Emotions, pleasant and otherwise, are basic forms of psychic energy.  Usually obtaining power is pleasurable, and a person will want to experience it again. Over time seeking and obtaining more power can become a goal in its own right. When this happens what initially began as an effort to over come fear or achieve a goal over time is experienced as fulfilling in itself. When obtaining or exercising power involves a relationship of dominance and subordination a very unpleasant implication arises.

Psychic Parasites

African writer Malidoma Somé writes  

When power comes out of its hiddenness, it shrinks the person who brought it into the open and turns that person into a servant.  The only way that overt power can remain visible is by being fed, and he who knows how to make power visible end up trapped into keeping that power visible. . . .

Somé is describing Power as a psychic parasite. In the physical world parasites are successful life forms and if consciousness exists outside what we normally regard as the physical world, we should expect to encounter similar phenomena in the mental realm. A thought form is a parasite when it is fed at the expense of those providing it energy.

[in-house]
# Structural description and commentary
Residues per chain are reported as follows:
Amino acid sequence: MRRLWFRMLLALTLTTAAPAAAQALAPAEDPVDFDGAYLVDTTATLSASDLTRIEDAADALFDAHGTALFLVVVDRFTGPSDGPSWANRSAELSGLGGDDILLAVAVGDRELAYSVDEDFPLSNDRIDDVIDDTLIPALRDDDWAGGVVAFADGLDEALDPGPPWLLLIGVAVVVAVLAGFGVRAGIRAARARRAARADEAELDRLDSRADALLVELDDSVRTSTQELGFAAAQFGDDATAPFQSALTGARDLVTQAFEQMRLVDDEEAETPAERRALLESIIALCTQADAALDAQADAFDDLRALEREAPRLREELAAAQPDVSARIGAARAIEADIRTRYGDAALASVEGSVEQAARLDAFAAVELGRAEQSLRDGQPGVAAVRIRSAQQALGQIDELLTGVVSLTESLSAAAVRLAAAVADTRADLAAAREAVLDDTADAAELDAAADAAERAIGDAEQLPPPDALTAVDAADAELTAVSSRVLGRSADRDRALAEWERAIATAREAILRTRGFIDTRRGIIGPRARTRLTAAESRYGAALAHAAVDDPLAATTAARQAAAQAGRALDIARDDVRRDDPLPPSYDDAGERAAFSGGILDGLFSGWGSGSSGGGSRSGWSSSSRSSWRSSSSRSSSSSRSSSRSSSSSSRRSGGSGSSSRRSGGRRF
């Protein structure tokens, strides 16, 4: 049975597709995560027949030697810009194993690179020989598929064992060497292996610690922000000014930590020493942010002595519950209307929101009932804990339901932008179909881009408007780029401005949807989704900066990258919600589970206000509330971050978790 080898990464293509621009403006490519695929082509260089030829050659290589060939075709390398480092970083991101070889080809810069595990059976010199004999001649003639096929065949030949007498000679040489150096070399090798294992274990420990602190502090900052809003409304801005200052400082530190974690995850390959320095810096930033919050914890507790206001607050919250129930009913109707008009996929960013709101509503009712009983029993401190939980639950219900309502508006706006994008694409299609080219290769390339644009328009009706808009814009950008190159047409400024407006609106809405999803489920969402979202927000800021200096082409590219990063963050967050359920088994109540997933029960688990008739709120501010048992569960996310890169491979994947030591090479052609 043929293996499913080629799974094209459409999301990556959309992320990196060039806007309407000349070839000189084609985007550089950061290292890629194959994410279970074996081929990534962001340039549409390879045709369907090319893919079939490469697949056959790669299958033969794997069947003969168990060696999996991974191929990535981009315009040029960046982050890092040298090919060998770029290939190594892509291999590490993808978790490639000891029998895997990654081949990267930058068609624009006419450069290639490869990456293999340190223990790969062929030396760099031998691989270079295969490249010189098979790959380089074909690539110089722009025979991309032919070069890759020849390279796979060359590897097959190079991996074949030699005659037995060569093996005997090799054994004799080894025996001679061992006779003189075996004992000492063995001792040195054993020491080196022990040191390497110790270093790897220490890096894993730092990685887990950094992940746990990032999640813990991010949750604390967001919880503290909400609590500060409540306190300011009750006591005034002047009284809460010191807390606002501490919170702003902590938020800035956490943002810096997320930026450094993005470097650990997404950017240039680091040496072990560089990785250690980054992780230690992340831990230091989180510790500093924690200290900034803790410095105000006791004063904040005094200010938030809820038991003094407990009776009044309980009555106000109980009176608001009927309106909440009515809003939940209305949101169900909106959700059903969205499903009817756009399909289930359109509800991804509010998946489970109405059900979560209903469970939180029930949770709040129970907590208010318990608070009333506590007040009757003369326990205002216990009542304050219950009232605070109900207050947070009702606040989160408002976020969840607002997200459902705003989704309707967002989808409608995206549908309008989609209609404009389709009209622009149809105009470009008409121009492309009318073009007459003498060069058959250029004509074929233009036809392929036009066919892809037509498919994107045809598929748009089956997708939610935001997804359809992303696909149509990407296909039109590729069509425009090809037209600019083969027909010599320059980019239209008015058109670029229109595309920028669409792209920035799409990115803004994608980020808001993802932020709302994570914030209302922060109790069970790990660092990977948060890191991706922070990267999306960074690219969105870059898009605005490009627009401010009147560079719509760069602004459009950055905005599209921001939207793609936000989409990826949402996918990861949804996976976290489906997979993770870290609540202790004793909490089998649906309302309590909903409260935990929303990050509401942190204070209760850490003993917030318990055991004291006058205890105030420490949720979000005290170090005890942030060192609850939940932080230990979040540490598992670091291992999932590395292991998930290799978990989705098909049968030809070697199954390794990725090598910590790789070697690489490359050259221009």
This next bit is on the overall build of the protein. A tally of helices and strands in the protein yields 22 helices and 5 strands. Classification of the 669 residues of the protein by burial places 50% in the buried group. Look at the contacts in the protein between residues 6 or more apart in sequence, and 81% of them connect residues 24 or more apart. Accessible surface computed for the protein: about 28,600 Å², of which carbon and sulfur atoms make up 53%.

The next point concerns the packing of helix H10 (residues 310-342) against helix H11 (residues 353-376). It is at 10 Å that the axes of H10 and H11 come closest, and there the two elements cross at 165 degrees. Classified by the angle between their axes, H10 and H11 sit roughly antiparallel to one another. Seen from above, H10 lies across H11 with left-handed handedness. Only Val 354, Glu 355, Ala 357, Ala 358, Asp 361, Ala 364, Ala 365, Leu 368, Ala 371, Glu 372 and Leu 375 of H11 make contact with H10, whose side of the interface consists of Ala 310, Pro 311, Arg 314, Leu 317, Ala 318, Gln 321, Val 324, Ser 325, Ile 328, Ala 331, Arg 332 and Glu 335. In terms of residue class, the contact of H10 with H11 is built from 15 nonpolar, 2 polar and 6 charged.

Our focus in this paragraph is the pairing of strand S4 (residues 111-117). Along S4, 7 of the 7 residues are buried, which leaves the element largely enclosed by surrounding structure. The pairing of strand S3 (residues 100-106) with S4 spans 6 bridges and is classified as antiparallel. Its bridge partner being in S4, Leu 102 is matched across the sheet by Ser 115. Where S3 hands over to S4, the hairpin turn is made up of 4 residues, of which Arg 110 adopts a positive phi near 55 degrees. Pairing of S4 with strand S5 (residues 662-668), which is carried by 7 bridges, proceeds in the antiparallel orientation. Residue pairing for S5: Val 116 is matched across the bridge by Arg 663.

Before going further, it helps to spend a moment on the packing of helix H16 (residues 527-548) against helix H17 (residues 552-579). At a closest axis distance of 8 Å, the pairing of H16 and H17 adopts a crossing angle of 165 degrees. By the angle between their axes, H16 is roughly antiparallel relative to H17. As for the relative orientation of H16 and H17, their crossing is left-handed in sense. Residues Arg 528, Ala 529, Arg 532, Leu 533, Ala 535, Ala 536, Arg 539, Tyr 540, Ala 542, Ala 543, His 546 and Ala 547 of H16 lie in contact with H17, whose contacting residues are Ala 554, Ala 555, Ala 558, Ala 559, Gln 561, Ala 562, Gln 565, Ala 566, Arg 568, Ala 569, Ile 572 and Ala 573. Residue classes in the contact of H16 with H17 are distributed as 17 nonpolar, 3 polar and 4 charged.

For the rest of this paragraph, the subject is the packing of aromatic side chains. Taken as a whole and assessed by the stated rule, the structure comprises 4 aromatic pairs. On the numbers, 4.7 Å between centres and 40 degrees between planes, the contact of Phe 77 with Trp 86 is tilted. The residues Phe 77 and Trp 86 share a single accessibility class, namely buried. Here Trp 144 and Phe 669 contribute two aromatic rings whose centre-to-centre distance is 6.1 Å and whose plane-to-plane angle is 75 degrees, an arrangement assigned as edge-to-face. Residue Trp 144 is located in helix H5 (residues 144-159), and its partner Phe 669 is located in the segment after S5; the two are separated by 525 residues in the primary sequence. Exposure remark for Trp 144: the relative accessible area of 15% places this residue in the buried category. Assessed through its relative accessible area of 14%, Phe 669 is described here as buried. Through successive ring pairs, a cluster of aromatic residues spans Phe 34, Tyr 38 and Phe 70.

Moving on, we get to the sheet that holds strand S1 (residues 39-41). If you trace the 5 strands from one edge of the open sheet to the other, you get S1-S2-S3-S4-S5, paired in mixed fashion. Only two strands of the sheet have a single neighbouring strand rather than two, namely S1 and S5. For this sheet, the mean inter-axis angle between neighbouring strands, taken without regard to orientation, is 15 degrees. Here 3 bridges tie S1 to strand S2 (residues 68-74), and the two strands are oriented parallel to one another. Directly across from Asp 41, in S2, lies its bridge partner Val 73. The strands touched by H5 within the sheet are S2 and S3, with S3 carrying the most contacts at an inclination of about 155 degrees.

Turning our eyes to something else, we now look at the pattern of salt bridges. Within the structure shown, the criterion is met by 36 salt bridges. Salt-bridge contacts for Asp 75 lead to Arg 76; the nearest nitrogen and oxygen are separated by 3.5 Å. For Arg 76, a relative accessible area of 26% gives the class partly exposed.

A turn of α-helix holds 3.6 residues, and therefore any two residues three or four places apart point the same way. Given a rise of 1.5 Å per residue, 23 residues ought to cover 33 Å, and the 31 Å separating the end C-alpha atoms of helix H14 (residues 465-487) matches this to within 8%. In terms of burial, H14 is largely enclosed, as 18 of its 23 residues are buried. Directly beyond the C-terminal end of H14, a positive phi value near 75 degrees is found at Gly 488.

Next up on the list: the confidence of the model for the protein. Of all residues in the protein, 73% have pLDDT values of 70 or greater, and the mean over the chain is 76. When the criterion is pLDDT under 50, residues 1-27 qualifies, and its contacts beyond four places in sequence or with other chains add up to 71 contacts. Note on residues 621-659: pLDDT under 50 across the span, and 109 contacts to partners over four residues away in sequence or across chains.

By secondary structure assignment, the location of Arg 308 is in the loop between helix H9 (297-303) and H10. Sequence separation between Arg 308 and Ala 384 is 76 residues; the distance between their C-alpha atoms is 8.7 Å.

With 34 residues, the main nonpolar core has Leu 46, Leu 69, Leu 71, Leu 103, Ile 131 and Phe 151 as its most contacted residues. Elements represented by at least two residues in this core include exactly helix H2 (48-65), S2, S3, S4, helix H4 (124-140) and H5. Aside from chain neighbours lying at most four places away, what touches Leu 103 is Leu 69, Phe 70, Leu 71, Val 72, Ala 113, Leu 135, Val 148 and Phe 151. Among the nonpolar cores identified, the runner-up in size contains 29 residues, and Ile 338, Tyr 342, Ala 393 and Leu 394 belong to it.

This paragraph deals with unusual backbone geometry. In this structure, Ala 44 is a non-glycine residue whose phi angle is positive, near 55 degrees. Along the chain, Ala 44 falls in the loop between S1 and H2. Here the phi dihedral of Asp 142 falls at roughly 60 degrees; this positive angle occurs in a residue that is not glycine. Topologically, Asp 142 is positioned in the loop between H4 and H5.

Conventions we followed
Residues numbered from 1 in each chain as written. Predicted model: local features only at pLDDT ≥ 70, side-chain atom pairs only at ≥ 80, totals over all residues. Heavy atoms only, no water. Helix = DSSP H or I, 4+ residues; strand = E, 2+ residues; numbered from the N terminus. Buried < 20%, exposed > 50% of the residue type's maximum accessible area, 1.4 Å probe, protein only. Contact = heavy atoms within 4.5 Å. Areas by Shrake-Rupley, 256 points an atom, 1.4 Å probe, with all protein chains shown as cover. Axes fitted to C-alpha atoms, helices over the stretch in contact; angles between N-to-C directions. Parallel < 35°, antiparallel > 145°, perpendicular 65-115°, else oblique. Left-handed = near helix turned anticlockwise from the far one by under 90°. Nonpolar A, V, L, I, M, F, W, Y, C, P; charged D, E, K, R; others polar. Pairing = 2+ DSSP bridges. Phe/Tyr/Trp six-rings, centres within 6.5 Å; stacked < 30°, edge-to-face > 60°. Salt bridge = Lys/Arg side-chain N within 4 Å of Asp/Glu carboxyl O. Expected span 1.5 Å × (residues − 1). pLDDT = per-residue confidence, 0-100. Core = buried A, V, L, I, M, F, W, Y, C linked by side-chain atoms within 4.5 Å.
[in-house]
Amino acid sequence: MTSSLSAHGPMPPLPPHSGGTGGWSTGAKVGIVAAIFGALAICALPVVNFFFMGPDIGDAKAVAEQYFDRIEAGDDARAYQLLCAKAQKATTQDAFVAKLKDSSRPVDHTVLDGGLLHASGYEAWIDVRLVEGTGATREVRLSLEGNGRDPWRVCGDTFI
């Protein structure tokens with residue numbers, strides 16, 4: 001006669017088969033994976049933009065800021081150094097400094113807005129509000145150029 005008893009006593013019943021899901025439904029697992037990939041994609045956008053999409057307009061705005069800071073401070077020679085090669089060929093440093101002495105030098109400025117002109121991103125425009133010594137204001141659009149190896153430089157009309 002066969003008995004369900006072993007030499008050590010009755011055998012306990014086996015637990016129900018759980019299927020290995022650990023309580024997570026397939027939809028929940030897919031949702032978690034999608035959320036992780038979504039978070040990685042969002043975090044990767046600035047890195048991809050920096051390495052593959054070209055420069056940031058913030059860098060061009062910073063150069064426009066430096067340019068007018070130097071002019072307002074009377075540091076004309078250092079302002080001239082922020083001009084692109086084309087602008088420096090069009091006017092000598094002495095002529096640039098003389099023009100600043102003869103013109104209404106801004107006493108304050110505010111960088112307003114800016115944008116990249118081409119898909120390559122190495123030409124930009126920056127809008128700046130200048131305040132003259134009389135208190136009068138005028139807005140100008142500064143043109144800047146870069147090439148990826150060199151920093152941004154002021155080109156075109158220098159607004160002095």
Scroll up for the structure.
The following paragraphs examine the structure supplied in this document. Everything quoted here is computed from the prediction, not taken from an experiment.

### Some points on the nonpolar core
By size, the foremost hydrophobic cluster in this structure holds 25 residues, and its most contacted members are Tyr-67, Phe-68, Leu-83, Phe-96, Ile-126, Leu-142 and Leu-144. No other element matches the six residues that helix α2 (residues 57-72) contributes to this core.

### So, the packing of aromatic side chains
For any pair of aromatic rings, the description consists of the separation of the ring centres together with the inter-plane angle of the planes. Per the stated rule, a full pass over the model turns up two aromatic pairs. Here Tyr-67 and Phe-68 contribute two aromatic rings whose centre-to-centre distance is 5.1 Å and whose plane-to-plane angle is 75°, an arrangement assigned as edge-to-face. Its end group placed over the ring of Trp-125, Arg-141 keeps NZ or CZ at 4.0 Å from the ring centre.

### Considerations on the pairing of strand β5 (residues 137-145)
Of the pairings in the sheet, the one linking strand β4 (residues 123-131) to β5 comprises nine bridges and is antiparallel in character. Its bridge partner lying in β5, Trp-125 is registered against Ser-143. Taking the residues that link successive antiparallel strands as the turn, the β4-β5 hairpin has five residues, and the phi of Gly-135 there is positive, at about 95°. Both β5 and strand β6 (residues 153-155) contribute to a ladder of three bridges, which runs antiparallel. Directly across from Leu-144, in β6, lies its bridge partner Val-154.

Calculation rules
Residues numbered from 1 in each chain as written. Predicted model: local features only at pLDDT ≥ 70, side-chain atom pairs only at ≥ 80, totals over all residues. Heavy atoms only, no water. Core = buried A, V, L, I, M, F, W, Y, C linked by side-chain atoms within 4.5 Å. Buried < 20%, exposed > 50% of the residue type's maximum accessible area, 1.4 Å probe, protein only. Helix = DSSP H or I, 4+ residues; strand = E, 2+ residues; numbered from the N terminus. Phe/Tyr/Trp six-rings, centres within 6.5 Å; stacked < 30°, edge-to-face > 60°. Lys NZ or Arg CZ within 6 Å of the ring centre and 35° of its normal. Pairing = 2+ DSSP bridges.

Because parasites flourish at their host’s expense, successful parasites are relatively invisible to their hosts in-order to avoid its defenses. Often they also use a vector as a bridge to infecting their host.

Unlike ideas that exist in a mental ecosystem generated by humans, Power is pure relation. It is a relation of pure domination and subordination.  It carries enormous emotional energy for both the dominator and for the dominated, who in their fear, anger and misery often themselves seek power to dominate, and so both feed Power.